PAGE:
- Niell, A. E. (1996), Journal of Geophysical Research, Vol. 101, No. B2, Pages 3227-3246:
*"Global Mapping Functions for the Atmospheric Delay at Radio Wavelengths"*. The standard reference for the derivation of a global mapping function for atmospheric delay. This derivation of the mapping function is really somewhat unique in that it attempts to analytically represent the global weather variations as a function of location (latitude) and time of year, and contains to adjustable parameters (i.e. does not require input pressure and temperature for each station). Note that Equation 4 in this paper has a typo whereby the terms which are printed as "1/term" in both the numerator and denominator should really be just "term" in both the numerator and denominator. - Davis, J. L., Herring, T. A., Shapiro, I. I., Rogers, A. E. E., Elgered, G. (1985), Radio Science, Vol. 20, No. 6, Pages 1593-1607:
*"Geodesy by Radio Interferometry: Effects of Atmospheric Modeling Errors on Estimates of Baseline Length"*. An application of a modified Smith-Weintraub refractivity and the Niell mapping functions. - Sovers, O. J., Fanselow, J. L., and Jacobs, C. S. (1998), Reviews of Modern Physics, Vol. 70, No. 4, Pages 1393-1454:
*"Astrometry and Geodesy with Radio Interferometry: Experiments, Models, Results"*. An excellent overview paper describing the details involved in calculating geometric and atmospheric delay. Uses the Lanyi (1984) model for the mapping function, which is a significant departure from the standard (i.e. Niell) mapping functions which derive from the Marini (1972) reduced fraction functional form. - Lanyi, G. (1984), TDA Progress Report 42-78, Page 152-159:
*"Tropospheric Delay Effects in Radio Interferometry"*. Derivation of a new "tropospheric" (really atmospheric) mapping function which, unlike previous mapping functions, takes account of second and third order effects in the refractivity which are due to refractive bending. This derivation of the mapping function is really quite unique in that it does not fully separate the dry and wet contributions to the delay, making it a physically more exact representation. It is claimed to be more accurate than previous (i.e. Niell) mapping functions for E > 4 degrees, and the error due to the derived analytic form for the mapping function is estimated to be less than 0.02% for E > 6 degrees. - Conway, J. (2004), ALMA Memo 503:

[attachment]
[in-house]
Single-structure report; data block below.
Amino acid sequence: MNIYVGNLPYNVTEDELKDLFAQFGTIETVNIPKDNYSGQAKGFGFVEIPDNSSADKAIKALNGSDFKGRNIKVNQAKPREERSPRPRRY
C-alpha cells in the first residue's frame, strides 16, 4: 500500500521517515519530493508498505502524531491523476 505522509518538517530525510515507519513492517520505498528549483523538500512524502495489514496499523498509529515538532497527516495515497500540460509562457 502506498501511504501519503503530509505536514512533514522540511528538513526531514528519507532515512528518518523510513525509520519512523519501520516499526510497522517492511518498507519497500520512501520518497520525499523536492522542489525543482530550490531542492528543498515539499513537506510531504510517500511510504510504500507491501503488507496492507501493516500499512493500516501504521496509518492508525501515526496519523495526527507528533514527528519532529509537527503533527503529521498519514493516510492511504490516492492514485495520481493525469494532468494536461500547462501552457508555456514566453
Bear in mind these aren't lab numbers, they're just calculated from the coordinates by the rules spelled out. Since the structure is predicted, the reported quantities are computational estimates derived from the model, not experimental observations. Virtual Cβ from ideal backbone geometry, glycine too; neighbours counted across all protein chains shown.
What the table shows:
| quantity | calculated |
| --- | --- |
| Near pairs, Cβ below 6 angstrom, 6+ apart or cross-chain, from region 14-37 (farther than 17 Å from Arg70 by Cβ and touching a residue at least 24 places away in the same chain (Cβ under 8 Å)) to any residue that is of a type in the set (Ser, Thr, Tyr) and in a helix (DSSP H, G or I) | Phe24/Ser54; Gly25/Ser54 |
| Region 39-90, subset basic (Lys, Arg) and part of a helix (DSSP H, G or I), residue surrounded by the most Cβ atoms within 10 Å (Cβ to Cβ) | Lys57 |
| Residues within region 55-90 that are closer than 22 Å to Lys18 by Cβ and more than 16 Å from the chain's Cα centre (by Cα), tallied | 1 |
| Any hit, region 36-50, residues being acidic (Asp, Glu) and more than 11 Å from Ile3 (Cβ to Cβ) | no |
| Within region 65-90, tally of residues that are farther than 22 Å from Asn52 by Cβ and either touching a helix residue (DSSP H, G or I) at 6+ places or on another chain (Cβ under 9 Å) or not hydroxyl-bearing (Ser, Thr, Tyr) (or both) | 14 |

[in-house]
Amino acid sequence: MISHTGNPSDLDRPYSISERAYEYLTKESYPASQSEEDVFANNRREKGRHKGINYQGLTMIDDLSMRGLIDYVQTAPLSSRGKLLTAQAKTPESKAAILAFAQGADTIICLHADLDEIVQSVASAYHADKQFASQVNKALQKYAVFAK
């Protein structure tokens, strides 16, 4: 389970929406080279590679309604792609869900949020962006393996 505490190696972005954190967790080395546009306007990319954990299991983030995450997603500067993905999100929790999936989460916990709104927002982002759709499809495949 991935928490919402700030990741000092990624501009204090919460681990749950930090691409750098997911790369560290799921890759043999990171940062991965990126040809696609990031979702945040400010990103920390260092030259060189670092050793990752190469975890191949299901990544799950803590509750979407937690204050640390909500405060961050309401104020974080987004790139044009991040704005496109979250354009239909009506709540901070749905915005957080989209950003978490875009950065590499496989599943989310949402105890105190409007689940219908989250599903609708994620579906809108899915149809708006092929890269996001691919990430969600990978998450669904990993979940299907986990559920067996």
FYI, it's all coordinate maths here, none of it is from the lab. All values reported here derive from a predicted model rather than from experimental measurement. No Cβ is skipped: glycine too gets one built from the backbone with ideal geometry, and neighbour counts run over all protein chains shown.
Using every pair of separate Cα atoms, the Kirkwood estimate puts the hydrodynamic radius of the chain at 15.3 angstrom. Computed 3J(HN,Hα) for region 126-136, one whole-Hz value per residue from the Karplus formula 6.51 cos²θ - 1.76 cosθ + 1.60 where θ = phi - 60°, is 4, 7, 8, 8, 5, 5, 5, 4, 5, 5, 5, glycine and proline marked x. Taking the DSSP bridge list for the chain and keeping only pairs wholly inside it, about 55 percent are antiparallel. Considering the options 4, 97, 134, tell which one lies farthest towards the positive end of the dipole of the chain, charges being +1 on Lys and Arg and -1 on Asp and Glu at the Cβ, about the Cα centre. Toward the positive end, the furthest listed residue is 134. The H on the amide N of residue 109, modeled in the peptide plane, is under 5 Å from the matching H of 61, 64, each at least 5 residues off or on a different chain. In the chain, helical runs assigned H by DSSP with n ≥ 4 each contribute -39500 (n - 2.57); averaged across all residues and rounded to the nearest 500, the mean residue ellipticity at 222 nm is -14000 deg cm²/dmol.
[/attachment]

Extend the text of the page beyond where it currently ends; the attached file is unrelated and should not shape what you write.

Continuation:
*"Antenna Position Determination: Observational Methods and Atmospheric Limits"*. Connection between baseline determination and delay calculations/models. - Yan, H. and Ping, J. (1995), AJ, 110, 934:
*"The Generator Function Method of the Tropospheric Refraction Corrections"*. Another derivation of a new "tropospheric" (really atmospheric) mapping function. A cousin to existing reduced-fraction expansions of the mapping function. - Yan, H. (1996), AJ, 112, 1312:
*"A New Expression for Astronomical Refraction"*. Related to the Yan and Ping (1995) reference above, but applied to the refraction calculation problem. Using the Yan and Ping (1995) and Yan (1996) references one can apply a unified formalism to both the atmosphere-induced refractive delay and bending problems.

- Differences between the various mapping functions only show up at low elevation (< 10 degrees). Since geodesists do observe at very low elevations, these differences can be significant. This is not the case for astronomers.
- The Yan and Ping (1995) form has a "cousin" used for refractive bending ("refraction correction") calculations, making it a convenient choice for both refractive delay and bending calculations.

Zooming in a bit on the vertical (baseline length) axis of this plot, I have produced two zoomed versions of the above figure. One for baselines up to 1 km (contour levels: 0.25, 0.50, 0.75, 1.0, 2.5, 5.0, 7.5, 10, 25, 50, 75, 250, 500, 750, 1000 micron; right to left),

and a second plot for baselines up to 100 m (contour levels: 0.05, 0.075, 0.1, 0.25, 0.5, 0.75, 1.0, 2.5, 5.0, 7.5, 10, 25, 50 micron; right to left).